TQM COMPARED TO ISO 9001 ISO 9000 is a Quality System Management Standard. TQM is a philosophy of perpetual improvement. The ISO Quality Standard sets in place a system to deploy policy and verifiable objectives. An ISO implementation is a basis for a Total Quality Management implementation. Where there is an ISO system, about 75 percent of the steps are in place for TQM. The
requirements for TQM can be considered ISO plus. Another aspect relating to the ISO Standard is that the proposed changes for the next revision (1999)
will contain customer satisfaction and measurement requirements. In short, implementing TQM is being proactive concerning quality rather than reactive. 2.2 TQM AS A FOUNDATION
TQM is the foundation for activities which include;
• • • • • •
Meeting Customer Requirements Reducing Development Cycle Times Just In Time/Demand Flow Manufacturing Improvement Teams Reducing Product and Service Costs Improving Administrative Systems Training
TEN STEPS TO TOTAL QUALITY MANAGEMENT (TQM)
The Ten Steps to TQM are as follows: 1. Pursue New Strategic Thinking 2. Know your Customers 3. Set True Customer Requirements 4. Concentrate on Prevention, Not Correction 5. Reduce Chronic Waste 6. Pursue a Continuous Improvement Strategy 7. Use Structured Methodology for Process Improvement 8. Reduce Variation 9. Use a Balanced Approach
10. Apply to All Functions
Processes must be managed and improved! This involves:
• • • • • • • •
Defining the process Measuring process performance (metrics) Reviewing process performance Identifying process shortcomings Analyzing process problems Making a process change Measuring the effects of the process change Communicating both ways between supervisor and user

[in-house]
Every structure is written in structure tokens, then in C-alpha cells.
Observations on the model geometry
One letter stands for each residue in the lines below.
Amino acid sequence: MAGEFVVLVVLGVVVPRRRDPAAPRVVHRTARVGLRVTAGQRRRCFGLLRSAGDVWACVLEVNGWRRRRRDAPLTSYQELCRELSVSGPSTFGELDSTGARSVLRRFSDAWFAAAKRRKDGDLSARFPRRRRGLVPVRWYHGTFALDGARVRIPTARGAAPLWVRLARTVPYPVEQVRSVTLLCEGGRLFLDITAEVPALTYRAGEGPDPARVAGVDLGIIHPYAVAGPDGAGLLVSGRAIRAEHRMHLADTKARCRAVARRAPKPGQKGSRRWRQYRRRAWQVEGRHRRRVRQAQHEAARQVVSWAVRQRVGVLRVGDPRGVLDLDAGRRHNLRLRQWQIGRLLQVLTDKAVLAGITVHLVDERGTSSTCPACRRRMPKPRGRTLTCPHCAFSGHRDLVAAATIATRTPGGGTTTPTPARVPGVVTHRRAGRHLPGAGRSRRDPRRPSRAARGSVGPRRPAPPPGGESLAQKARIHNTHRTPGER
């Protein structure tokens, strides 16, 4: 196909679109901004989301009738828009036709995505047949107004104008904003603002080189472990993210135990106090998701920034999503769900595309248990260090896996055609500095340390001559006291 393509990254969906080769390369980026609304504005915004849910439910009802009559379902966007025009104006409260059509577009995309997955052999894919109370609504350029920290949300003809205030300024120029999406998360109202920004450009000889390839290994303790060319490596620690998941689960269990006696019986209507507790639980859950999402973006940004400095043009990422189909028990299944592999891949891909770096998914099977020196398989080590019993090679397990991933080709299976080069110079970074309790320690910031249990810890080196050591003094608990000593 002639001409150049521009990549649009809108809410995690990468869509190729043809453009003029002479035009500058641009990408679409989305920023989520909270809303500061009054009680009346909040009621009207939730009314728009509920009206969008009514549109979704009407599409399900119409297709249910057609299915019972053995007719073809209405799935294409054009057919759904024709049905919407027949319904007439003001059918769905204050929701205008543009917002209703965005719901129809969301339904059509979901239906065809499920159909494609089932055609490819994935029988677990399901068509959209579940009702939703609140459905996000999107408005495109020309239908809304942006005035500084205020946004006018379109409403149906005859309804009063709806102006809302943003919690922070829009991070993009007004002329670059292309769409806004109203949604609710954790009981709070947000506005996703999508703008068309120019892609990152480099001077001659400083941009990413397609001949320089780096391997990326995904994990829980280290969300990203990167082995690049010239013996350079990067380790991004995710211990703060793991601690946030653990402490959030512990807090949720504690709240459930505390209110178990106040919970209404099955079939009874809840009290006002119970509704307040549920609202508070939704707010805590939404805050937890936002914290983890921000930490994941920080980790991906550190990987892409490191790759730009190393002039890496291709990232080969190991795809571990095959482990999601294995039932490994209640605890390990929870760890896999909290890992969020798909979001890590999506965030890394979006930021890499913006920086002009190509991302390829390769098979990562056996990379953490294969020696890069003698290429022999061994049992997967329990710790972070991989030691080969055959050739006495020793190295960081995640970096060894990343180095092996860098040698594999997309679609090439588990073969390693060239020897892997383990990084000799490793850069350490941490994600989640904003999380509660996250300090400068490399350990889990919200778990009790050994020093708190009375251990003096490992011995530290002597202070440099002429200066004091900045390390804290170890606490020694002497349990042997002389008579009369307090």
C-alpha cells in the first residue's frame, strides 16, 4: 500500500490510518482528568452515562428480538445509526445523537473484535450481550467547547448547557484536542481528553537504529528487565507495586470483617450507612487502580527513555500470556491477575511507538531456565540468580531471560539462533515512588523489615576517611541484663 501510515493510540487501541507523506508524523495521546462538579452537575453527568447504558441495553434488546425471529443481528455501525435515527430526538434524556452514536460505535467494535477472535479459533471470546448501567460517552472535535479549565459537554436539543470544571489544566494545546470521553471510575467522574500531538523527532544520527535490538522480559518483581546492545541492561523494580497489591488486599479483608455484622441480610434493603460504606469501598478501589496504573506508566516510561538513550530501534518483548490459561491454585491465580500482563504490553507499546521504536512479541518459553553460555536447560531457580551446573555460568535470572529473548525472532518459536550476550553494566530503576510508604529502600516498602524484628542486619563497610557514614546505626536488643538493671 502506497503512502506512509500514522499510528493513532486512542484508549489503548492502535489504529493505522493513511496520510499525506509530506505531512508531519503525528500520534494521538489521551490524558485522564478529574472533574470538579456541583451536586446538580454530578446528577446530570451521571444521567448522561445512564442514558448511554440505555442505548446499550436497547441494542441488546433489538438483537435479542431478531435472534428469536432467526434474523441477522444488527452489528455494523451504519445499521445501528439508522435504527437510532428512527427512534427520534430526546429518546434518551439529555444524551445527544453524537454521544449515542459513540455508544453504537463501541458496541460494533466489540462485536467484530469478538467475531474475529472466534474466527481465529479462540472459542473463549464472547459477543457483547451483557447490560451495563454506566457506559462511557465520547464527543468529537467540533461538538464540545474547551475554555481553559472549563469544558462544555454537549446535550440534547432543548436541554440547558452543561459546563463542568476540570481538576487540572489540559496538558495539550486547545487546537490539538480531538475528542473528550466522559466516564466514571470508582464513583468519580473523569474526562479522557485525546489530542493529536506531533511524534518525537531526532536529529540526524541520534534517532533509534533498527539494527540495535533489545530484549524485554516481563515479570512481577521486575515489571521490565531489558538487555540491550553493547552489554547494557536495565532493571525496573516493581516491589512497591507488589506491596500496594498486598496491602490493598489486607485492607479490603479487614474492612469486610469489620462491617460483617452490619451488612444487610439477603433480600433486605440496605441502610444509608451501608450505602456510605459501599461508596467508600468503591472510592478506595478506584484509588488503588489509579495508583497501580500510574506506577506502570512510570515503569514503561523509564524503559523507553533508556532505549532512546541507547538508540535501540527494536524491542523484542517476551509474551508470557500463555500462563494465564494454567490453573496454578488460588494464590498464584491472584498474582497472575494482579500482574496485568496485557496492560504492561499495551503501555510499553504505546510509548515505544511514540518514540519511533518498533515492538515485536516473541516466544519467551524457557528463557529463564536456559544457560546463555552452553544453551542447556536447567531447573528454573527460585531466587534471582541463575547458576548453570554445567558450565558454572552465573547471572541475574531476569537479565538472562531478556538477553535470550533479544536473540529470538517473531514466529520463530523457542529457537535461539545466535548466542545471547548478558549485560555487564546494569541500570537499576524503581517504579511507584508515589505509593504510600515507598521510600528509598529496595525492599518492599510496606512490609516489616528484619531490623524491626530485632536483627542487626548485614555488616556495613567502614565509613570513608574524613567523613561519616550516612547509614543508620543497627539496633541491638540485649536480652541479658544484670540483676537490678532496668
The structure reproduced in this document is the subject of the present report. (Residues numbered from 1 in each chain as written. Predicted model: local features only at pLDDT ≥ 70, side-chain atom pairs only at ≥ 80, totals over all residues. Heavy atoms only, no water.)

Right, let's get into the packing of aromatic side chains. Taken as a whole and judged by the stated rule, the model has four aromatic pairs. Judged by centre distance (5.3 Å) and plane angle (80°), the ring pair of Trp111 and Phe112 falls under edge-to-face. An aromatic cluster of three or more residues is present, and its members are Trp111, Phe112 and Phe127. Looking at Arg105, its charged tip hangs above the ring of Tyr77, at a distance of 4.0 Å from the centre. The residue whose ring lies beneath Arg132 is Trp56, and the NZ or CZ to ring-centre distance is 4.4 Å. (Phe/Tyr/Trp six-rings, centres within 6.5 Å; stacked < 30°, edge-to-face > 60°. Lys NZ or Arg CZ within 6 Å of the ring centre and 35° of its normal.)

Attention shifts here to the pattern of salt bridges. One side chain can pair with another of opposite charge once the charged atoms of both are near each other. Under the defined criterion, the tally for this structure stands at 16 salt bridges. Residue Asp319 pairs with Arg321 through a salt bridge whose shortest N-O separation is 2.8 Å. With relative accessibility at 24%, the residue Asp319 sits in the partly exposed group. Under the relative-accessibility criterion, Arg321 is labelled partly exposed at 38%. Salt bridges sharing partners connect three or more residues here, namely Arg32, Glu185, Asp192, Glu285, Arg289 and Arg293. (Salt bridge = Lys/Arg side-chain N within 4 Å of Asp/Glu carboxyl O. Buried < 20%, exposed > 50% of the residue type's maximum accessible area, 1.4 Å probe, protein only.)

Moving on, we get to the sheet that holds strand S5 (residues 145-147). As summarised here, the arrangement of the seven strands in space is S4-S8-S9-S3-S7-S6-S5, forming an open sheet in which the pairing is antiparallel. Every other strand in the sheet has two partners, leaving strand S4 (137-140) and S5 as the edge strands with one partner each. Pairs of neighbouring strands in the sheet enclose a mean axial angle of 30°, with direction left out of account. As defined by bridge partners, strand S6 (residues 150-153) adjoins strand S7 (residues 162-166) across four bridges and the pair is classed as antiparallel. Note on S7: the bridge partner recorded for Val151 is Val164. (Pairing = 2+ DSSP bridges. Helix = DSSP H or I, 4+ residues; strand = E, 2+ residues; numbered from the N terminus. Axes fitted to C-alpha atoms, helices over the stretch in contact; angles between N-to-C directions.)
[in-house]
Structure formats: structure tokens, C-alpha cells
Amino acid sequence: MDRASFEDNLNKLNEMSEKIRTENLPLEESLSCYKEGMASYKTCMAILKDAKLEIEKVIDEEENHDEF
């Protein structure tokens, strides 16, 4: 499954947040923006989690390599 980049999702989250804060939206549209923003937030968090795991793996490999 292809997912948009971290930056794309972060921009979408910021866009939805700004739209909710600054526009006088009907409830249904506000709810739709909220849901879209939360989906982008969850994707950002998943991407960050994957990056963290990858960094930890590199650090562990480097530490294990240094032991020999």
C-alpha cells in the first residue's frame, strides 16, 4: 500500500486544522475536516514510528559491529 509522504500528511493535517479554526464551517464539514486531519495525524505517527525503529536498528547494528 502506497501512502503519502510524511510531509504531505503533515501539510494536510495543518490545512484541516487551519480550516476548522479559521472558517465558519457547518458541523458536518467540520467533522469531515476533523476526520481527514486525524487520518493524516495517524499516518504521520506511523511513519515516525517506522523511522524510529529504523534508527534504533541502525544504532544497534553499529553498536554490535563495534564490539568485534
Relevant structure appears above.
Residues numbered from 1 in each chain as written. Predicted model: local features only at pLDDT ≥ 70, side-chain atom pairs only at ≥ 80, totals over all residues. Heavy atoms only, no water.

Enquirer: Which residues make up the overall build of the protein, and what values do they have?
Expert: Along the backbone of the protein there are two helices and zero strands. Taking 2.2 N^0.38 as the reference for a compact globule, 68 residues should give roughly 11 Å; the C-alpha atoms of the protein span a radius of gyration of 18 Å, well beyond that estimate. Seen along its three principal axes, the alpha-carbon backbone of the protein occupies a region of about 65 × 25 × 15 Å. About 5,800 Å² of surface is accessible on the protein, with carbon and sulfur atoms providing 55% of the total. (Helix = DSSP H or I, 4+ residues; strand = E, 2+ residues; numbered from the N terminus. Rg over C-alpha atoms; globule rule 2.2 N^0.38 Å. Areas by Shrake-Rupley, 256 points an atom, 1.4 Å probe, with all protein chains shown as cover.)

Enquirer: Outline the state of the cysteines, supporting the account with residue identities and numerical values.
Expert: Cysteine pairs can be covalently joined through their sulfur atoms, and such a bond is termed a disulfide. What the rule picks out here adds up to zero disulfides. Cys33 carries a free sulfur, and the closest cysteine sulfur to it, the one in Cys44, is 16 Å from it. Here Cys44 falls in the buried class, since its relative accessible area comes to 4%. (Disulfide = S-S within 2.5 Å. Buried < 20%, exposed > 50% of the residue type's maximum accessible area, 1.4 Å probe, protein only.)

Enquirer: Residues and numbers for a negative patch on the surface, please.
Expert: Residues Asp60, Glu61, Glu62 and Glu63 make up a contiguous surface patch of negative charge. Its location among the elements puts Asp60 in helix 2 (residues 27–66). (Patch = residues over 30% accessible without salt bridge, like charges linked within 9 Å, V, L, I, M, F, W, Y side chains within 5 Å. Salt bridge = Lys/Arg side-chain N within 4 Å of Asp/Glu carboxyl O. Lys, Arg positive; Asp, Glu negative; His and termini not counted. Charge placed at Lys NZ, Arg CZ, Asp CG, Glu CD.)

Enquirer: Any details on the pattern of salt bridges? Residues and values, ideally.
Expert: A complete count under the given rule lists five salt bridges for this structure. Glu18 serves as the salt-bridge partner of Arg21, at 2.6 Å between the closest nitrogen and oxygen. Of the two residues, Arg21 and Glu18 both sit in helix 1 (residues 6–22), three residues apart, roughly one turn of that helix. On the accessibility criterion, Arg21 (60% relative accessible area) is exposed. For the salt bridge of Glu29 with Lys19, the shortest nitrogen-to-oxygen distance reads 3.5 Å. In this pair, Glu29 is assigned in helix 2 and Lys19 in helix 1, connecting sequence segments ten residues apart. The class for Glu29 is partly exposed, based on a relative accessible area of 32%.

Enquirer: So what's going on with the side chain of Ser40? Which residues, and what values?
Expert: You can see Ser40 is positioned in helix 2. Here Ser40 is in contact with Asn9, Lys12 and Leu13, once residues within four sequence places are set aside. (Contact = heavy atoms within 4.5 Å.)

KEY TO QUALITY
The key to improving quality is to improve processes that define, produce and support our products. All people work in processes. People
Get processes "in control" Work with other employees and managers to identify process problems and eliminate them
Managers and/or Supervisors Work on Processes
• • •
Provide training and tool resources Measure and review process performance (metrics) Improve process performance with the help of those who use the process
PLANNING A CHANGE
TQM Process Improvement and Problem Solving Sequence PLAN (PLAN A CHANGE) DEFINE THE PROBLEM 1. Recognize that what you are doing is a "PROCESS" IDENTIFY POSSIBLE CAUSES DO (IMPLEMENT THE CHANGE) CHECK (OBSERVE THE EFFECTS) TEST THE CHANGE 11. Determine what change worked (confirmation). ACTION (EMBED THE FIX INTO THE PROCESS FOR GOOD) TAKE PERMANENT ACTION 12. Ensure the fix is embedded in the process and that the resulting process is used.
EVALUATE MAKE POSSIBLE A CAUSES CHANGE 6. 8. Determine 10. Determine what "BRAINSTORM" the change would help what is causing relationship the problem. between • Your cause and knowledge effect 2. Identify the 7. Determine of the o Scatter commodity what past data process diagrams being shows. • Scatter o processed. o Frequency diagrams Regression - Process distribution • Control Inference o Pareto charts analysis Charts o Control charts - sampling 3. Define some - sampling 9. Determine • Pareto measurable what the analysis characteristics process is of value to the doing now commodity. o Control ****Then make charts the change. 4. Describe the - sampling
• • •
Histograms Control charts - sampling